Self-care for new mums #mamadisrupt

Self-Care For New Mums

In Body + Soul, Features, Motherhood, Stories by Gemma Dawkins

Whether you’re a first-time mum or you’ve got a new bambino in the clan, self-care for new mums is a must. But it’s no secret that often, mama is the last one to have her needs met. A hot shower, or cup of tea, or meal, can seem like an impossible feat. But if you don’t prioritise your own self-care, things can fall apart for the whole family.

In her new book Self-Care For New Mums, author Ruby Matley shares her tips and tricks to putting self-care back on the agenda. Here’s one of our favourite sections….

By Ruby Matley

Self-Care For New Mums Mama Disrupt

Self Care for New Mums by Ruby Matley, published by Macmillan Australia, RRP $29.99.

How to self-care

There are no right or wrong ways to self-care. It is multi-dimensional and individual to you and your needs. Essentially, self-care is anything that empowers you to feel good and be present in the moment.

We each have our own story to tell; this is what makes us who we are. Consequently, there is no one-size-fits-all approach when it comes to self-care either.

Self-care supports us in times of change – and babies inevitably change our lives. Know that things will continue to change over time. As your baby grows, there will be more windows of opportunity to follow passions and explore new possibilities.

Self-care doesn’t need to cost money

You don’t need to buy an expensive face mask or go for a massage once a week. It can be as simple and as powerful as loving yourself not only on the good days but also on the bad ones; honouring yourself and your feelings; and allowing yourself to spend time away from your little ones, free from any guilt.

It may be making a conscious effort to sit down with your partner, rather than stacking the dishwasher, and setting time aside to reconnect and enjoy each other’s company, conversation and shared experience as a parent. Self-care could be giving yourself permission to nurture your own mind and body, such as joining a team sport again or practising yoga or meditation, or reading a book.

Perhaps it is about saying no to things that don’t serve you, and rejecting negativity. It might be about making choices and decisions that are right for you and your family, no matter what others may think.

Self-care for new mums might be about asking for help when you need it, and knowing what will help you to get through difficult times and make you feel good on challenging days. Sometimes self care is a practical thing that may seem tiny, but can help you reset.

Simple self-care ideas

  • Change your bed sheets.
  • Reorganise or declutter a space in the house.
  • Wear clothes that make you feel good.
  • Sit outside in the sunshine with your baby or your partner.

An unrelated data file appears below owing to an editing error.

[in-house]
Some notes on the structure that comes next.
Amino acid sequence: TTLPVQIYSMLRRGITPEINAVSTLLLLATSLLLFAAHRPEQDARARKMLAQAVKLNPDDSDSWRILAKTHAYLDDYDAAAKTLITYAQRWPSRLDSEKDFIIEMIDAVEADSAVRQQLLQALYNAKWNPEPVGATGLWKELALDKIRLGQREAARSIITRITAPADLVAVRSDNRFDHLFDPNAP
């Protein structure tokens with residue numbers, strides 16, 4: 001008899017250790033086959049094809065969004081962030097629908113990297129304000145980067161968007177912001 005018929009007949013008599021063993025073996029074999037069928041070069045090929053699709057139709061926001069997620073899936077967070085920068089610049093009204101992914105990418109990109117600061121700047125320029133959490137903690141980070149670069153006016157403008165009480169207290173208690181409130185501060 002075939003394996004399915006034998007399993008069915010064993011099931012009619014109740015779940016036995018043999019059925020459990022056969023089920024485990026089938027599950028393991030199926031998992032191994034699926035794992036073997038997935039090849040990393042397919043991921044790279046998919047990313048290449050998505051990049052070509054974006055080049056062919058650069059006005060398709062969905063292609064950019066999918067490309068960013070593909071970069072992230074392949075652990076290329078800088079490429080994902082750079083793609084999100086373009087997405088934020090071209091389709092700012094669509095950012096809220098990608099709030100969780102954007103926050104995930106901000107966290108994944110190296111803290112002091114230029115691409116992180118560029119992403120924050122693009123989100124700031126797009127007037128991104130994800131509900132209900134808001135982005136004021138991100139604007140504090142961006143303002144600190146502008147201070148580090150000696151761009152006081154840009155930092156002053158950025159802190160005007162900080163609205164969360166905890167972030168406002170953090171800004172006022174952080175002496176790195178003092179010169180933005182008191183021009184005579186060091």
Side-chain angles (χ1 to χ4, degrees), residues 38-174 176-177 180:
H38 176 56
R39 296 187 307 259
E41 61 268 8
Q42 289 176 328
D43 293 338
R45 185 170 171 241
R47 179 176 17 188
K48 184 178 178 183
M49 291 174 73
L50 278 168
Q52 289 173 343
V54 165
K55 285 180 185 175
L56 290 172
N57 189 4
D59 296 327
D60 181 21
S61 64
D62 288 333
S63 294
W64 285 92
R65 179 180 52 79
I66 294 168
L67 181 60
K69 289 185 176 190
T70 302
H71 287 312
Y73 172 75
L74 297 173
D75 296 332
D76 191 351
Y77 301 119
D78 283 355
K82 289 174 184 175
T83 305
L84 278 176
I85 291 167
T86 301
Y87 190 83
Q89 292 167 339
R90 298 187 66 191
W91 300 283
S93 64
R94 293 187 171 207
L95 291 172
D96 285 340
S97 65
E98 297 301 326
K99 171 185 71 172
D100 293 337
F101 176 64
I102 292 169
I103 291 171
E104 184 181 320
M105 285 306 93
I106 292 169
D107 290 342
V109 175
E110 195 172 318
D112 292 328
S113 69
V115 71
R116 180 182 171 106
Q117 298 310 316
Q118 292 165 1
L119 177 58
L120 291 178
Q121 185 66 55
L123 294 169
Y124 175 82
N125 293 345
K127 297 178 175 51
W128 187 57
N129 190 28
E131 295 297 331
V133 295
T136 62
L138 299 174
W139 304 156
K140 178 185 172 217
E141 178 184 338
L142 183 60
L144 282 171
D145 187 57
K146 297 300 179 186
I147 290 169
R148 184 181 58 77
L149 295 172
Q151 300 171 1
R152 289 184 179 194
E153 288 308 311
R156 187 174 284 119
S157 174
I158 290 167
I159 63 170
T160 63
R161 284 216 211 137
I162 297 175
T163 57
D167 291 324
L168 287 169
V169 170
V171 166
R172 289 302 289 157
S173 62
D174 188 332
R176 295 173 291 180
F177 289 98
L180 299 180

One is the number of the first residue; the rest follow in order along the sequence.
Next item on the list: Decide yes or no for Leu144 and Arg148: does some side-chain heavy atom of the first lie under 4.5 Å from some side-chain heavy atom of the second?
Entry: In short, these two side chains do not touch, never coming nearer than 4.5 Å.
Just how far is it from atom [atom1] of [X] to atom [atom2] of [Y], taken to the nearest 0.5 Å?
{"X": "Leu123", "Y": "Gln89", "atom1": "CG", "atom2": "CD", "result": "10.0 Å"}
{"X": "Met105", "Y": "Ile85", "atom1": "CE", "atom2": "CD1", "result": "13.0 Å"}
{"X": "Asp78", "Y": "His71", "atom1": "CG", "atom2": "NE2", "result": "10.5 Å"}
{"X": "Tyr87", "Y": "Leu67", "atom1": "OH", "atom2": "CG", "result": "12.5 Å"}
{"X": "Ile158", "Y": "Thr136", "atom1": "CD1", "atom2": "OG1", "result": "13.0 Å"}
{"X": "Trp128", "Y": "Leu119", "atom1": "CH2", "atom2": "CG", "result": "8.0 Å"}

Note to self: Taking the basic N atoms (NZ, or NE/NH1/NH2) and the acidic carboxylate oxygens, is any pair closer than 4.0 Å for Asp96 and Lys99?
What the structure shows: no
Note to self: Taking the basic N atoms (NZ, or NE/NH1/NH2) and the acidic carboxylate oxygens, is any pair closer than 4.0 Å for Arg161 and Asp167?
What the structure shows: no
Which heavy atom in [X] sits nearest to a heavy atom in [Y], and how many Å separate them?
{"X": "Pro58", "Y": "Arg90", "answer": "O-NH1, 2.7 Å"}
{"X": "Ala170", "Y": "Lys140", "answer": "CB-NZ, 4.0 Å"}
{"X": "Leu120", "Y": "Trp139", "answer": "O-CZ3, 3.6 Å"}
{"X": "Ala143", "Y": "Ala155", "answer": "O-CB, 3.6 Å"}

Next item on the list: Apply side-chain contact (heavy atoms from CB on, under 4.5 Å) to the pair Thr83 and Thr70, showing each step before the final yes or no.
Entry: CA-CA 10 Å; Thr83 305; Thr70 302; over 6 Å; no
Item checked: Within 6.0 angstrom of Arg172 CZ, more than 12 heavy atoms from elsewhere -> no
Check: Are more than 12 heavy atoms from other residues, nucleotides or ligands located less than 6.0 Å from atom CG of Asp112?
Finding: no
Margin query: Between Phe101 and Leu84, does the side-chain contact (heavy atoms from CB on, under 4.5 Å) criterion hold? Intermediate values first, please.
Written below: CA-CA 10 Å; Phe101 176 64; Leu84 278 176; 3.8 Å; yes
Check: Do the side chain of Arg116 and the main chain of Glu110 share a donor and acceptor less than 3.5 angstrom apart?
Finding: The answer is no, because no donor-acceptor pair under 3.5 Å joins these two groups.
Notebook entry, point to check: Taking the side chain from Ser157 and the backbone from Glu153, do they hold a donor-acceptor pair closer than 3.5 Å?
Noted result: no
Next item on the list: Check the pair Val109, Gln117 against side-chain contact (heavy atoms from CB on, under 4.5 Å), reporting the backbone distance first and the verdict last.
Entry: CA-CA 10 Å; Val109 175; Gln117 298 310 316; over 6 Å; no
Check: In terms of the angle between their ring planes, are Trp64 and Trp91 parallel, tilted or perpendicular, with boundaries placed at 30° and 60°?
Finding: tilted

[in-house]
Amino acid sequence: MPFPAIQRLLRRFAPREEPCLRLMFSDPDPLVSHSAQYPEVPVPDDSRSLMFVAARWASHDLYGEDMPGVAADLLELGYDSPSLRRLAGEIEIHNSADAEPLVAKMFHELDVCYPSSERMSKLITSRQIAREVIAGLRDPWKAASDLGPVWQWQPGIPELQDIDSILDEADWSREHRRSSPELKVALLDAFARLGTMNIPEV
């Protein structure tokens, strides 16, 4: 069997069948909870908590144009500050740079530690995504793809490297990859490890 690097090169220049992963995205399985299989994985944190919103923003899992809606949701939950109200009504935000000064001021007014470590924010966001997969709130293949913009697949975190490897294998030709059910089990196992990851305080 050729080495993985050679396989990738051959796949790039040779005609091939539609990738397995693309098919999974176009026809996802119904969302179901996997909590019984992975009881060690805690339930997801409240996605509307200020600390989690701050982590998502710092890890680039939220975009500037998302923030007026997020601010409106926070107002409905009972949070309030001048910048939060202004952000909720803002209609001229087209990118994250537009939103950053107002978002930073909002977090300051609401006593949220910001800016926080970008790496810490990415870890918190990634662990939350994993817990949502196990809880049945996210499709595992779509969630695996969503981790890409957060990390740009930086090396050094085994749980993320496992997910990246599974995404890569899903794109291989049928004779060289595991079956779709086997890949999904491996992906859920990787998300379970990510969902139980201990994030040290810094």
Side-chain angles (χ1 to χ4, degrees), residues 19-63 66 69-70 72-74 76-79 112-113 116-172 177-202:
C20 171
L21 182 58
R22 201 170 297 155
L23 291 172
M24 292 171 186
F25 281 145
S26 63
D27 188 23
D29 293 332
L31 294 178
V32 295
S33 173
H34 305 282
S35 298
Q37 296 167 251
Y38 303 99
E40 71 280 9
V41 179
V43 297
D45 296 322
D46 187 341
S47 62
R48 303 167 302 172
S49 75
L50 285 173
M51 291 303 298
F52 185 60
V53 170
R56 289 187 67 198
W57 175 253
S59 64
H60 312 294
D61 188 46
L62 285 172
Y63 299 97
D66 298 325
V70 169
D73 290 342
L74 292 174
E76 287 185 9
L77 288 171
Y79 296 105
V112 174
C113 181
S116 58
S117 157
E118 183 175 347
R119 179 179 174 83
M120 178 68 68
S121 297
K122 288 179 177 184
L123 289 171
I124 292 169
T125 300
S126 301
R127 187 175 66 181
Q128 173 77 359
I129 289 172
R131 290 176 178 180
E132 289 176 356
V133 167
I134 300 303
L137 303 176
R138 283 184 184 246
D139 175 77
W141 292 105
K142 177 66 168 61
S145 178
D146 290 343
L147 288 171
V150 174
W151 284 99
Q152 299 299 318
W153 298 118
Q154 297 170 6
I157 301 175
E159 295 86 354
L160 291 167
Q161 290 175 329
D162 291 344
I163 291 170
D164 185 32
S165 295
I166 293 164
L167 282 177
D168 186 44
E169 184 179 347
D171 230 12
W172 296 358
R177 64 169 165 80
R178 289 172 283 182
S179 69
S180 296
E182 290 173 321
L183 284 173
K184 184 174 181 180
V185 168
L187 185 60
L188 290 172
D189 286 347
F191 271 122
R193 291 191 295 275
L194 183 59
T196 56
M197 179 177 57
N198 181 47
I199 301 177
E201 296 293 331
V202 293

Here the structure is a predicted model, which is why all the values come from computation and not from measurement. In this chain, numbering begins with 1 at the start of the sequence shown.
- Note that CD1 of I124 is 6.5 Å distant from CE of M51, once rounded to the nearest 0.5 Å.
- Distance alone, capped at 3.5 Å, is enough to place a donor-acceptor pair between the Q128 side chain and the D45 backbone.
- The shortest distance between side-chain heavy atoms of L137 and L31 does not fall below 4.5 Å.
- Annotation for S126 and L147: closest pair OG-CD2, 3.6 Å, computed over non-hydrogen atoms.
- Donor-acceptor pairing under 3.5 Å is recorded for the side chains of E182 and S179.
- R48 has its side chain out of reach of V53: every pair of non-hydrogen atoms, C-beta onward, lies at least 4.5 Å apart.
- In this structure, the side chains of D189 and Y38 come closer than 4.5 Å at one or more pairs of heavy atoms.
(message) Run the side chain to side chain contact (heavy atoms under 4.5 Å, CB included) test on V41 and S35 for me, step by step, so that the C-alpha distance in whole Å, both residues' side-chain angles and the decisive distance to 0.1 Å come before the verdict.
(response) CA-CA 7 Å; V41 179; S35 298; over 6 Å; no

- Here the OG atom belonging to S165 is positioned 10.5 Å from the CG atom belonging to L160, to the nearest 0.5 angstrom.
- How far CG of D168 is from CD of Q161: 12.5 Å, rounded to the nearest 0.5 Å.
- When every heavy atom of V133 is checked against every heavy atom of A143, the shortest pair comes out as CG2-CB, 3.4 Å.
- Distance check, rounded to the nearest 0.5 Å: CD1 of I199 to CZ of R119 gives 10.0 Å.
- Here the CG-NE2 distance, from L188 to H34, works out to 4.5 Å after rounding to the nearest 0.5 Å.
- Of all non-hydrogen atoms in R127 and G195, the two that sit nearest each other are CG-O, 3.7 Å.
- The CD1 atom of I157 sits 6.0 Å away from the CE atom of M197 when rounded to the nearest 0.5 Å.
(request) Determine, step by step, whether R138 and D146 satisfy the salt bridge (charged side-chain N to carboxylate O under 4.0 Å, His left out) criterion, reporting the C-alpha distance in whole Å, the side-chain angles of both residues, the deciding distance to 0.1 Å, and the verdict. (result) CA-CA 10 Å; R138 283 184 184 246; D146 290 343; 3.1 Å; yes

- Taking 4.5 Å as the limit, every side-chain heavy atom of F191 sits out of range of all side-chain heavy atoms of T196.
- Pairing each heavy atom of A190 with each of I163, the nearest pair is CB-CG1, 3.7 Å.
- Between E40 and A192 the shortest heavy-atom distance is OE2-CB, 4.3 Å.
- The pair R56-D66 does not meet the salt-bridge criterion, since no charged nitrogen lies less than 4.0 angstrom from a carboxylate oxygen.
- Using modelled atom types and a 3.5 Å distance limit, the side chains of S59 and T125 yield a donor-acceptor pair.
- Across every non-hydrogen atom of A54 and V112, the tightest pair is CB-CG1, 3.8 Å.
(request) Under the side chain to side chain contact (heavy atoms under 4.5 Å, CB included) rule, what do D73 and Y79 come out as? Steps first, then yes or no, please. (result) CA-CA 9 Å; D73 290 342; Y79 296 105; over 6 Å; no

• Express how you are feeling to a friend or family member.

You may like to use your self-care time painting, gardening, working with ceramics or creating other art work. It may be that being busy with your hands is a form of mindfulness for you. Our brains can only focus on one thing at a time, so when we engage in an activity that we enjoy we are focused only on that. This allows those other worries, insecurities and expectations to fall to the wayside and helps to regulate our emotions (because, let’s be honest, motherhood is an emotional rollercoaster!).

Remember that self-care is different for everyone.

Self-care for mums

Take a moment

Set an intention for each of the following; it doesn’t need to be big or challenging, just honest.

  • What does looking after your physical health mean to you?
  • How can you look after your mental and emotional health?
  • What does looking after your social health mean to you?

THINGS TO CONSIDER

When you are planning your week ahead, try to create gaps to fit your self-care into your schedule. Write it in your diary or planner to keep yourself accountable. Start small – you can always add to your list.

Go gently with yourself and know your limits. Be mindful that there are many external factors that may be contributing to you feeling more vulnerable, exhausted and emotional than usual.

These include:

  • sleep deprivation
  • fatigue and exhaustion
  • hormonal shifts
  • breastfeeding concerns
  • diet and nutrient consumption
  • relationship difficulties
  • financial stress
  • housing changes
  • grief and loss
  • pain, related or unrelated to birth.

Take note of how you’re feeling, and learn to recognise when it is time to respond to your needs; this is more important than cleaning the house or working late into the night. In time, you’ll become more aware of what it is that fulfils you, relaxes and calms you, and fills up your cup.

Remember that self-care isn’t selfish, nor does it mean you don’t love your baby any less. Self-care can help to maintain positive feelings and a sense of wellbeing, or be a tool you reach for when things are challenging and you’re struggling.

MD®


 

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